The Minister for Immigration and Border Protection, the Hon Peter Dutton MP, advised he would not back down on his proposed overhaul of Australian citizenship after the package met an untimely death in the Senate on Wednesday.

The changes, which would have imposed a values test, an English language test and a four-year waiting period for permanent residents wanting to become Australian citizens, were stranded after the Government failed to secure cross-party support and was blocked by Labor, the Greens and NXT, who used their votes to impose a Wednesday evening deadline for the Minister to finalise his raft of legislative changes.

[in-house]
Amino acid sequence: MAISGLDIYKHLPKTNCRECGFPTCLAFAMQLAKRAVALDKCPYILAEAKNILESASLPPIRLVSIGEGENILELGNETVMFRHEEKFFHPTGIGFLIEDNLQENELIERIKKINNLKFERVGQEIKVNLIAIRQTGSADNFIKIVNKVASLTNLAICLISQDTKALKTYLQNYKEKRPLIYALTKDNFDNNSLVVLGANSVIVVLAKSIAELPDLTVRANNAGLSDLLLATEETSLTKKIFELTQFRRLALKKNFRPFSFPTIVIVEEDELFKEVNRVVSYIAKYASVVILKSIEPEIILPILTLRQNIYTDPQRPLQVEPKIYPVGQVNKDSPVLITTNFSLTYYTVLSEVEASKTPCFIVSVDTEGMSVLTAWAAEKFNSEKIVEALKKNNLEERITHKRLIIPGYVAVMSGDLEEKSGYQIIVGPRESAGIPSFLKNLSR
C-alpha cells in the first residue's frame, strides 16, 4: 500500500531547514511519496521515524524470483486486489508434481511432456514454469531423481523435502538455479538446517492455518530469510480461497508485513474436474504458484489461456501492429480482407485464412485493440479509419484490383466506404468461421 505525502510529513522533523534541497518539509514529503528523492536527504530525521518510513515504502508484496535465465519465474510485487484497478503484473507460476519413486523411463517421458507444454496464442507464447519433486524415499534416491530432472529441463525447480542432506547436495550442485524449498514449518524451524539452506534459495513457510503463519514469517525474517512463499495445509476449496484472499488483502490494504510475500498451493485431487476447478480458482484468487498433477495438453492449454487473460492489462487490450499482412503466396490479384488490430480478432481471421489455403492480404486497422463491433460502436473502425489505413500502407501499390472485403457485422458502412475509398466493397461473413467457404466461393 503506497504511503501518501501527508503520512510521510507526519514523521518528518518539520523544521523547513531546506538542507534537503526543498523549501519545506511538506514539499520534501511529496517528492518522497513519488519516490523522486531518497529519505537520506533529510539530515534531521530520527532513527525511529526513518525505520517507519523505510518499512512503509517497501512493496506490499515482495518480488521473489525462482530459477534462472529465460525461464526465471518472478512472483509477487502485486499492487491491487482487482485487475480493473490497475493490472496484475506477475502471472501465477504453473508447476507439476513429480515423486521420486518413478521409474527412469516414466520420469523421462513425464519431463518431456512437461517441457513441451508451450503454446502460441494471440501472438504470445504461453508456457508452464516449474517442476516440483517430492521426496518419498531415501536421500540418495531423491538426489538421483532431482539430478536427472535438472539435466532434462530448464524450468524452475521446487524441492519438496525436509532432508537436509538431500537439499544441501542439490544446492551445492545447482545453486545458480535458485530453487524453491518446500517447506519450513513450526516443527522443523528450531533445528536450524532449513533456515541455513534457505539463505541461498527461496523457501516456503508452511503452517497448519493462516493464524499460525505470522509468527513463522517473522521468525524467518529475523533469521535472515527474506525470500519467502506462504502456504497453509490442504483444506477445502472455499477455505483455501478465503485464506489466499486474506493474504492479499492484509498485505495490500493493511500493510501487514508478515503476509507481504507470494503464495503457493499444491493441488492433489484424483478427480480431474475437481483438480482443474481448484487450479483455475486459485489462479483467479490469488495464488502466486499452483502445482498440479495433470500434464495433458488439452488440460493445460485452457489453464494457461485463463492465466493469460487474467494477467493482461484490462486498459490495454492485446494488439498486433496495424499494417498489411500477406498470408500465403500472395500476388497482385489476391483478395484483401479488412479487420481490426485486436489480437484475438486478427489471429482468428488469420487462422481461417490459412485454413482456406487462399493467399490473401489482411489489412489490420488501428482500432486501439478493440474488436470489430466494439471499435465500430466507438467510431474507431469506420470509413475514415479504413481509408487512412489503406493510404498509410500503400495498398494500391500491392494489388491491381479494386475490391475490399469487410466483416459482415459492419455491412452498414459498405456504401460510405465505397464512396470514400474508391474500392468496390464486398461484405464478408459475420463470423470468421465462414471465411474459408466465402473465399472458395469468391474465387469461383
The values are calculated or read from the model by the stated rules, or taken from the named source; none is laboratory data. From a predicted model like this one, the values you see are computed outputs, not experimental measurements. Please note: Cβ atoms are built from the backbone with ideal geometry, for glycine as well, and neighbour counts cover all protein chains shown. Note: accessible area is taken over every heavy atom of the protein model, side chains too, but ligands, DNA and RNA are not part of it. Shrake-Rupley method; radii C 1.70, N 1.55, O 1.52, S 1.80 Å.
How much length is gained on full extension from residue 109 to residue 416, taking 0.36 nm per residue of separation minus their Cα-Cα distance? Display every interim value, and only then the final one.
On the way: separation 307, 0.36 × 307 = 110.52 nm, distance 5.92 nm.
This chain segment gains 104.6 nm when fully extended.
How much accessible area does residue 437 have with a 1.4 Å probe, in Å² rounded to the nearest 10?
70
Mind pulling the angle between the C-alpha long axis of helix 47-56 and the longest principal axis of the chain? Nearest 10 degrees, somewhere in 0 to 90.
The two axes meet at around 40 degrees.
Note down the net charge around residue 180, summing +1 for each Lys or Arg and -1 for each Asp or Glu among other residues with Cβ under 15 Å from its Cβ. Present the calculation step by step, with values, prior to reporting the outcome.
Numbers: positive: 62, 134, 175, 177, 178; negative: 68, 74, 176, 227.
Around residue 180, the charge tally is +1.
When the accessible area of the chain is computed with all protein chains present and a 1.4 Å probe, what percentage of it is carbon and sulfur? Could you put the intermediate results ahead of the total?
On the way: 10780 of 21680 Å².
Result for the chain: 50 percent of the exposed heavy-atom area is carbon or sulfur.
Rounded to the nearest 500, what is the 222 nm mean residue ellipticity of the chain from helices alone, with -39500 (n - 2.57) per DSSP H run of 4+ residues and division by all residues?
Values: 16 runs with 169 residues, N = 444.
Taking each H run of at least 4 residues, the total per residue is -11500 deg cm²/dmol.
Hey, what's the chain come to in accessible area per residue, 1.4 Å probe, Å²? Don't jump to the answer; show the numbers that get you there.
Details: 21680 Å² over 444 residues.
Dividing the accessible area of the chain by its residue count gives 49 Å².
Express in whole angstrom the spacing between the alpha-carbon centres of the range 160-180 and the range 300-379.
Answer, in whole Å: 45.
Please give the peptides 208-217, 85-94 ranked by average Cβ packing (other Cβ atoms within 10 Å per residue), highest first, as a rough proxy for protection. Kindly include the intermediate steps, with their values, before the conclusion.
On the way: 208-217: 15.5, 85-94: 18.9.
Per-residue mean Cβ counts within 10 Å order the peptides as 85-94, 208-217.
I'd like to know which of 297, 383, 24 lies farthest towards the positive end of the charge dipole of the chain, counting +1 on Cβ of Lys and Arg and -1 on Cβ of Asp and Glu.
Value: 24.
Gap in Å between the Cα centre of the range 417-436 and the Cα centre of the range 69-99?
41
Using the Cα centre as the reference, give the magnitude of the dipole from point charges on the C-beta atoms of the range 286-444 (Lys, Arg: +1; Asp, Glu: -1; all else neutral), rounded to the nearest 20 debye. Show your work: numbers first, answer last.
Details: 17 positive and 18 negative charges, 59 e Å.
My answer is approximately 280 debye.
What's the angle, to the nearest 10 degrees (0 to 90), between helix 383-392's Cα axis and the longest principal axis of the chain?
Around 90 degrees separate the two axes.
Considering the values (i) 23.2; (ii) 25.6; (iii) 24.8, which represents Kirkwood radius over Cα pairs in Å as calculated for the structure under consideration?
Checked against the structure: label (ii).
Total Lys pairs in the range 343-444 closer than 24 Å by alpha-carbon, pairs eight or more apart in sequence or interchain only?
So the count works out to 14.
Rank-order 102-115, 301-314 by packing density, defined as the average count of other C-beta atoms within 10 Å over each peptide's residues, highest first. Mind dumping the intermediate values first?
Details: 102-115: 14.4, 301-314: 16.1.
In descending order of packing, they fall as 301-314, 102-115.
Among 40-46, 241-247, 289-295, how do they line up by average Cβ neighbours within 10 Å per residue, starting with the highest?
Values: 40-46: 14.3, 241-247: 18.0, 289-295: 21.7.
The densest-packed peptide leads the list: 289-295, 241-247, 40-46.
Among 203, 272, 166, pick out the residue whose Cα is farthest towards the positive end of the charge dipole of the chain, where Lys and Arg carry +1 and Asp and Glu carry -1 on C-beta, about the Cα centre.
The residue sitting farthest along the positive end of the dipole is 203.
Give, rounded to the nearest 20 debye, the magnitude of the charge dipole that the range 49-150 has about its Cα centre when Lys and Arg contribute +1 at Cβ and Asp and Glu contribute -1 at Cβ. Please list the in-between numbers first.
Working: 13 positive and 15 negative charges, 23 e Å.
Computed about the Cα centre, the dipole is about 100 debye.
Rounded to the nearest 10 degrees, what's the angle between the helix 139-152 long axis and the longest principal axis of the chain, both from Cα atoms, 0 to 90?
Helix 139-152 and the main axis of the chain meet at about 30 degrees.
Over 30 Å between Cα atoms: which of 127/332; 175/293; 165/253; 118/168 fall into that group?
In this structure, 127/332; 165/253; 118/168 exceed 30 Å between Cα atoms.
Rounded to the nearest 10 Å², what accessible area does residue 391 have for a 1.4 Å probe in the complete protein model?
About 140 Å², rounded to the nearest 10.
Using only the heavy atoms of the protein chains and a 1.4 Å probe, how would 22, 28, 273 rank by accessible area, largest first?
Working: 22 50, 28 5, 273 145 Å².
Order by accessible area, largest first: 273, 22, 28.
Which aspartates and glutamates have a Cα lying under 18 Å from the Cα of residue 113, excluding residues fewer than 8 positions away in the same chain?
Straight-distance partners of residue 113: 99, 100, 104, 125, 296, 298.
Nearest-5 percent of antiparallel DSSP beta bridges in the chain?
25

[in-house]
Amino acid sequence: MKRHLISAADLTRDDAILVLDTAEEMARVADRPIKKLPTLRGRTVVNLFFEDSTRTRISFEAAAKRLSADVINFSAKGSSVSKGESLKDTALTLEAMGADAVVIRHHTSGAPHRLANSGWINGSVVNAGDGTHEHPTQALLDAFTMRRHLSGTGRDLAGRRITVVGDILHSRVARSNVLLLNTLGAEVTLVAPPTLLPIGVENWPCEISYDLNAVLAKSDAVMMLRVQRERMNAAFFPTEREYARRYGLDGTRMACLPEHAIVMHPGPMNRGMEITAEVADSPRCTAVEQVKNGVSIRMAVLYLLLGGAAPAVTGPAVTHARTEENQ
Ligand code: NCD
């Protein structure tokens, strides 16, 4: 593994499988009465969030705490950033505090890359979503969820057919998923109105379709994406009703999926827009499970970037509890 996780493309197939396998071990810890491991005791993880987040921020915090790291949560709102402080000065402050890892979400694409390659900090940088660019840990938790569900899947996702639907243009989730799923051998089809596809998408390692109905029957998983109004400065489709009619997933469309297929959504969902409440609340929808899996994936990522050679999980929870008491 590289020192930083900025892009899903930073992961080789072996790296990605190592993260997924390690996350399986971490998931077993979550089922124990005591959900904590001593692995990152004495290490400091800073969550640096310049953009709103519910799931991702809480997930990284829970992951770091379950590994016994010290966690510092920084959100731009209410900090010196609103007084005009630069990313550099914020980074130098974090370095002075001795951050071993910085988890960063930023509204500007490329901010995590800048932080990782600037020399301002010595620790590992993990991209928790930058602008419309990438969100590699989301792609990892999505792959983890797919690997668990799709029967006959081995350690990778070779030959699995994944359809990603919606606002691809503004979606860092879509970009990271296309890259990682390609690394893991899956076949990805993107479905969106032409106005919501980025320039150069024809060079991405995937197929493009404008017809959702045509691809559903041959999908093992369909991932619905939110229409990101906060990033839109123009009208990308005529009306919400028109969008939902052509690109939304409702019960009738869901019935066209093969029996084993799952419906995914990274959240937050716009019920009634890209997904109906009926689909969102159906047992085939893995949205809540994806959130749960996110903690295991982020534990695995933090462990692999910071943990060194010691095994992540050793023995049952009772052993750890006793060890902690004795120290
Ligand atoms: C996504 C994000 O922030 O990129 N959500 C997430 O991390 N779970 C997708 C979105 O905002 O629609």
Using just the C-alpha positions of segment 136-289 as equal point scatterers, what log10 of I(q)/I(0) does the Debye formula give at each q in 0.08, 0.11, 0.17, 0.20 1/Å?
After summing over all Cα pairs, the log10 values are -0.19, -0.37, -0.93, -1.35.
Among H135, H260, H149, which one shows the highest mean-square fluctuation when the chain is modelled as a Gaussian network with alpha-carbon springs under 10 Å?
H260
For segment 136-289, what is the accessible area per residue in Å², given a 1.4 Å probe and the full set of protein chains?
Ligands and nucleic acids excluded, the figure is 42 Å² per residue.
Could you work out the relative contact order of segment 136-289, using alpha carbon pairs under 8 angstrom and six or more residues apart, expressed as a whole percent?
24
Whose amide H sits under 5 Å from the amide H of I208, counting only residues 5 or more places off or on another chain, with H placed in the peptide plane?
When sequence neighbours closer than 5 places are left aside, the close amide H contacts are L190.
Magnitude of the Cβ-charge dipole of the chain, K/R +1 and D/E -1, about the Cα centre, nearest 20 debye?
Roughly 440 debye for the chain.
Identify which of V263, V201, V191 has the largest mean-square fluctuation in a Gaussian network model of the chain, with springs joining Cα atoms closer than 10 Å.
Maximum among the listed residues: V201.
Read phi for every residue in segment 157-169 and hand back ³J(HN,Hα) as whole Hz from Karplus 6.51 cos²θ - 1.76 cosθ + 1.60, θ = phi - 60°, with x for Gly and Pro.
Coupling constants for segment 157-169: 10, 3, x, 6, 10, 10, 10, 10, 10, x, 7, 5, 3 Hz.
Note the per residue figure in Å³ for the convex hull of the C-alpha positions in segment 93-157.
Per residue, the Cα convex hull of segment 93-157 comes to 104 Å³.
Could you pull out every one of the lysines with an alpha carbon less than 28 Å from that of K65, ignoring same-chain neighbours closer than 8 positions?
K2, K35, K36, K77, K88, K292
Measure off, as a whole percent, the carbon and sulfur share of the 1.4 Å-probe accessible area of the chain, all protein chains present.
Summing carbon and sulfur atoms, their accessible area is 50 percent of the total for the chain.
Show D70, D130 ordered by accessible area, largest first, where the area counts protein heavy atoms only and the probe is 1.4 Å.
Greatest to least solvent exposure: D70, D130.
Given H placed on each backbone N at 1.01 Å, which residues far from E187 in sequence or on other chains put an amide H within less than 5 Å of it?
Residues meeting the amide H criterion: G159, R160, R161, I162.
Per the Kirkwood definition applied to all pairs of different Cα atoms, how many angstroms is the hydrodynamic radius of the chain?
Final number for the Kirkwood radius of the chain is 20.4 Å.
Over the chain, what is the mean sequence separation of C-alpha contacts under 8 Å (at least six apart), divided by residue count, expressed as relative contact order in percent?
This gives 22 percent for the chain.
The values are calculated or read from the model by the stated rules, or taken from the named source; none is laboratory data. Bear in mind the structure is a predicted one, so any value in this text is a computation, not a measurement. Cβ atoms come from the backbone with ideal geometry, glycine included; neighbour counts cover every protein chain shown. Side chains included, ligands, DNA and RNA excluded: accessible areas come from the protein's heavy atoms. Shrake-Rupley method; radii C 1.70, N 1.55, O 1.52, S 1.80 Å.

In response, the Government said it will introduce new citizenship laws this week and the Minister says they’ll focus on English language competency and more thorough background checks.

The Opposition’s citizenship spokesman, the Hon Tony Burke MP, hailed the outcome as “a great victory for every person who wants to pledge allegiance to this country and make a commitment to Australia”.

The Shadow Minister was quick to warn that the Government would “try again”, and urged the Department of Immigration and Border Protection to commence processing citizenship applications lodged after April 20 — the date the Government announced the changes.

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